As we wait for Elon Musk to transport us to the moon, this future-forward travel tech is more than just hype.
Traveling in 2021 and beyond is going to look a little different. While spontaneous, carefree adventures may be on hold for a while, technology has stepped in to make the overall traveling experience smoother and a lot more convenient. From autonomous vehicles and augmented reality guides, smart hotels, and high-tech gadgets, these are some forward-thinking innovations we hope to be embracing soon.
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We’ll Get Around via Autonomous Vehicles
As we await self-driving cars (we’re looking at you Tesla), there’s other autonomous concepts brewing that’ll change the way we get about. The Autonomous Travel Suite by Aprilli Design Studio while still in the conceptual stage is an attractive proposition. The driverless mobile suite—think of it as a rental car and hotel room—designed for journeys between six to 10 hours will bring us from point to point in style and comfort with a sleeping area, workstation, and bathroom combined. Then there’s EHang’s eight-arm autonomous aerial vehicle that sits two and is designed for short city hops/tours of less than 21 miles. Since it has already done test flights in China and Europe, commercial flights can’t be too far off.
You’ll Pay Using Cryptocurrency
Crypto payments will soon be mainstream and this can only be a good thing. As cryptocurrencies (mainly Bitcoin, Ethereum, Bitcoin Cash, and Litecoin) get adopted by companies like PayPal—currently you can buy, sell and hold crypto using your PayPal app—more merchants will accept crypto-linked payments. Transactions are already executable by a QR code, typing in a Bitcoin address, or via a digital wallet like Coinbase so when this de-fi form of payment gets popularised, it’ll mean an end to hefty foreign ATM fees and annoying currency conversion calculations.
You’ll Be Keeping Tabs on More Than Just the Weather
Adapting to post-pandemic travel will require research, likely a lot of it. Thankfully apps like Dragon Slayer help offload some information-heavy lifting. A subscription-based app ($9.99 per month, 14-day free trial), it accesses a traveler’s risk tolerance through a series of questions, while simultaneously awarding a SAFE-T (Smart Analytics For Educating Travelers) score to 50 U.S. states and 124 countries based on real-time data (trending COVID case counts, number of deaths, local unrest, etc.). Additionally, destination-specific information like quarantine requirements, group size limits, indoor dining status, and even ski pass reservations is updated daily so travelers don’t land blindsided and can spend less time on Google and more time getting into a vacation state of mine.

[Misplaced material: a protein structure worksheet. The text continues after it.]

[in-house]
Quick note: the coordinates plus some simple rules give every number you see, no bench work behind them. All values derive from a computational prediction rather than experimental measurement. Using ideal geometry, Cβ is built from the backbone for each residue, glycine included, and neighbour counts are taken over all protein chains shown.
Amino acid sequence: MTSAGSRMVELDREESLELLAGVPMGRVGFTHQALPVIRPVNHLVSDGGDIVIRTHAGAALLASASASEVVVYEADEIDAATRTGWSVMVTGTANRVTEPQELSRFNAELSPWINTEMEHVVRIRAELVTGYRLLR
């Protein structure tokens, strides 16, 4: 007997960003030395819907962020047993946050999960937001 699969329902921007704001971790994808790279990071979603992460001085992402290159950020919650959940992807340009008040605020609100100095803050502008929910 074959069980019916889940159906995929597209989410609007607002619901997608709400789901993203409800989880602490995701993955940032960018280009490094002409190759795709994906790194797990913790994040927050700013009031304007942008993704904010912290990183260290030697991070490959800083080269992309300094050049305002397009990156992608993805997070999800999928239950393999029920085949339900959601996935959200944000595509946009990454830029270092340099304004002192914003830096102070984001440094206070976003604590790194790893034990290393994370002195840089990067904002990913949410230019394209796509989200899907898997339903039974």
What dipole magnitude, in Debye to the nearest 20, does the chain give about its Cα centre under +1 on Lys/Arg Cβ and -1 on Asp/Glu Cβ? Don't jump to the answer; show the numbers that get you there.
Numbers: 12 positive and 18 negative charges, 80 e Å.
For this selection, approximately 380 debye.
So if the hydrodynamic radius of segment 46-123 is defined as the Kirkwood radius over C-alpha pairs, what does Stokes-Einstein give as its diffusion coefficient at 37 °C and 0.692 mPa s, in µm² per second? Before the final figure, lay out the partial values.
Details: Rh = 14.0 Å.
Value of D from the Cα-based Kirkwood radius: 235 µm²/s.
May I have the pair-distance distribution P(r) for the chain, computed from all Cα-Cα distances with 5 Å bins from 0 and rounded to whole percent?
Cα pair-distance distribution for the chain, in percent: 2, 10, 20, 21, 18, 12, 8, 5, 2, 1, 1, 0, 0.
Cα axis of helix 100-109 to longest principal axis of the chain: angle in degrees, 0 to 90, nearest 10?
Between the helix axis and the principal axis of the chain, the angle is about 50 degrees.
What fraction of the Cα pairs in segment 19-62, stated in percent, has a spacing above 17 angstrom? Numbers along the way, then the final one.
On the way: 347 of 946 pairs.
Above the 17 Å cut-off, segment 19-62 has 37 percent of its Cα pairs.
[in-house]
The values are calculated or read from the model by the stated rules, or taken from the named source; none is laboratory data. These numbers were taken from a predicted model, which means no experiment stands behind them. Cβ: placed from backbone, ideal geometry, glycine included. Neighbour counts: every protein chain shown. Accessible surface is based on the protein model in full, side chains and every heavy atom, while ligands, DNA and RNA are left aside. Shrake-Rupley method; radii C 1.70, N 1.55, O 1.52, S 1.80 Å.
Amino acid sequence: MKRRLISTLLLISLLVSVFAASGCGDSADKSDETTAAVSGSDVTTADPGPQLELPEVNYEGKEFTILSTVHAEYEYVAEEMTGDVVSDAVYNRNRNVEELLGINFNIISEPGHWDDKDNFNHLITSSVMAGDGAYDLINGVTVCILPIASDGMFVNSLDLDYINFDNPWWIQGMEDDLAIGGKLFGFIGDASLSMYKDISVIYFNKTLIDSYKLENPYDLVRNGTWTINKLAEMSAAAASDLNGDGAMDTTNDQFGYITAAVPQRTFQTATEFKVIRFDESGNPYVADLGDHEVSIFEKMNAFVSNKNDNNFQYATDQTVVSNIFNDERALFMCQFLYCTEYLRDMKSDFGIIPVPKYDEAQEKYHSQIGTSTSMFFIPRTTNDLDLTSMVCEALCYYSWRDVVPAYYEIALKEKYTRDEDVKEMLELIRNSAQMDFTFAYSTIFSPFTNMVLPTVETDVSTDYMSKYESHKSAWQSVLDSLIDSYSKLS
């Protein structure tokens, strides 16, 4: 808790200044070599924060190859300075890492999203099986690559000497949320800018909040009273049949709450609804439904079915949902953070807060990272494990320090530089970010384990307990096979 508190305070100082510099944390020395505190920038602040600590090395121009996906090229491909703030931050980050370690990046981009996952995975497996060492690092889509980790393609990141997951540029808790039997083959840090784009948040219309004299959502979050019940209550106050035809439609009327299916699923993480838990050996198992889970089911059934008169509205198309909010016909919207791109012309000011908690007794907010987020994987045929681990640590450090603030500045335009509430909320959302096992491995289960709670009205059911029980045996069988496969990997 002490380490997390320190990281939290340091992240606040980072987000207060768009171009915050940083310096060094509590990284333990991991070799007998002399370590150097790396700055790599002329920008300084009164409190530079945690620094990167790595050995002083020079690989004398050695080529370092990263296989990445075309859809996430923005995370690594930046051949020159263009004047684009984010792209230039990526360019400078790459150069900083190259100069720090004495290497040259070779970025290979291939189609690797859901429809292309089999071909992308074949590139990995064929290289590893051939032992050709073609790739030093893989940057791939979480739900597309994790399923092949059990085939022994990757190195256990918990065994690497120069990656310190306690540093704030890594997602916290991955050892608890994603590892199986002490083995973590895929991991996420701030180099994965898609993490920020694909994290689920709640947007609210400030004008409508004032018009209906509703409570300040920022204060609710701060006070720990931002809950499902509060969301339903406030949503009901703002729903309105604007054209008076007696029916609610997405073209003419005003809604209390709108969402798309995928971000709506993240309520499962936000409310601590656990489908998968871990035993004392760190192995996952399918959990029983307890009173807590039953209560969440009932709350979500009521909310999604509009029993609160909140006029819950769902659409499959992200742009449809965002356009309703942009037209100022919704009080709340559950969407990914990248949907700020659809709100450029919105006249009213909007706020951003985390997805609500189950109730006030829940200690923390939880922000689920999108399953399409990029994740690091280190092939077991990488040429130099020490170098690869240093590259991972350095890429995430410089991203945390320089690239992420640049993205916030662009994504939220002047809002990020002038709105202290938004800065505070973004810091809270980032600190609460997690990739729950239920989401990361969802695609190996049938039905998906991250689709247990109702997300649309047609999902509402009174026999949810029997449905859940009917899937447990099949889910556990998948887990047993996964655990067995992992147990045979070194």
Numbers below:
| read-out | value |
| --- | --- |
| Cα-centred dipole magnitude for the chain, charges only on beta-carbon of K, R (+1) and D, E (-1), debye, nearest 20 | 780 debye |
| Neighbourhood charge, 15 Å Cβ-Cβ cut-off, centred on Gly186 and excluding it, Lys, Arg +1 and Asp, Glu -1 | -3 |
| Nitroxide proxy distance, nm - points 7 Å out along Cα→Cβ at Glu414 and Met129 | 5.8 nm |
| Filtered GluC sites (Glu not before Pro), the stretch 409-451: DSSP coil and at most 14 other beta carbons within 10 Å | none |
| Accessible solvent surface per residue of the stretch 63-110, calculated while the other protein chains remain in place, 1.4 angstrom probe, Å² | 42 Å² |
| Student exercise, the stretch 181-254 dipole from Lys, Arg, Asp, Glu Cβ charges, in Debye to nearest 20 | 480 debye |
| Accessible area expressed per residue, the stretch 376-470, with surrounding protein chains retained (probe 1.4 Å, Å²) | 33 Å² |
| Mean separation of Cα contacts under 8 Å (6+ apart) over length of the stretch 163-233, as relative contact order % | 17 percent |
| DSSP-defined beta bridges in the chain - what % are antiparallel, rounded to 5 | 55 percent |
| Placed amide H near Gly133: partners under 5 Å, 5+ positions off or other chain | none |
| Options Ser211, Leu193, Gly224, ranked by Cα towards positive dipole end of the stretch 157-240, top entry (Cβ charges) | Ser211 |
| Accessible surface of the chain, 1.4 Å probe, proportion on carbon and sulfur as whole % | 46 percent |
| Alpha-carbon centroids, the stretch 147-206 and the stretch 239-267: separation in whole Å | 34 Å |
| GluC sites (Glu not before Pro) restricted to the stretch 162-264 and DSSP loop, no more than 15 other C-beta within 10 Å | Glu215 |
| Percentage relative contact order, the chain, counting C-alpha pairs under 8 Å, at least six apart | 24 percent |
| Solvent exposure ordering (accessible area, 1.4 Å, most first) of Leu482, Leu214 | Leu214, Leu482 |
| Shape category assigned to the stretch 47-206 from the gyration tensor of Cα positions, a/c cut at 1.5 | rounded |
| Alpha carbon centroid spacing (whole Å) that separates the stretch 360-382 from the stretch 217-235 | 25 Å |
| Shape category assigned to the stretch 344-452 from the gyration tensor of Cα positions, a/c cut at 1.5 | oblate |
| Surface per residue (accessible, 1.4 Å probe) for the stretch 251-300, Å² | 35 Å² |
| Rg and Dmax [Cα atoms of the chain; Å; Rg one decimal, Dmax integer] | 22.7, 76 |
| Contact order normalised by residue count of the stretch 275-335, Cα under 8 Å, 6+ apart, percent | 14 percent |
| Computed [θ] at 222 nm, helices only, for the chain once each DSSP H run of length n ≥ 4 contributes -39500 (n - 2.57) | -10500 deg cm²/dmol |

Cleanliness Will Be No Longer Be a Nice to Have
Now, more than ever, travelers will demand a high level of cleanliness to ensure their safety while away from home. Expect to see autonomous robots at airports doing regular cleaning of public spaces. Hotels, too, are investing in UV-C light cleaning solutions and disinfecting chambers for high-touch items (e.g. key cards and remotes). Some, like tech-savvy Yotel Boston is extending robo-cleaning as a complimentary guest perk. Their Vi-YO-Let robot disinfects the air and surfaces via an integrated UVD light hospital-grade disinfection system, so it’s not just countertops and sinks that get zapped free of germs and microbes, but also the surrounding air.
Your Face Will Be Your Boarding Pass
Start saving those paper boarding passes because they’re about to become a nostalgic travel souvenir. Pre-pandemic, the use of biometric technology was already becoming the norm rather than the exception. From hotels to airports, retina scanning, fingerprint access, and other biometric identifiers were being introduced for convenience and security reasons, and now it’s helping to reduce in-person contact. Alibaba’s Flyzoo hotel in Hangzhou uses facial recognition technology for self-registration, keycard collection, and elevator access, so no interaction is required at check-in. At select U.S. airports, pre-pandemic, boarding passes have been done away with in favor of a biometric facial confirmation of a passenger’s identity and travel status, and this looks to become a nationwide standard soon.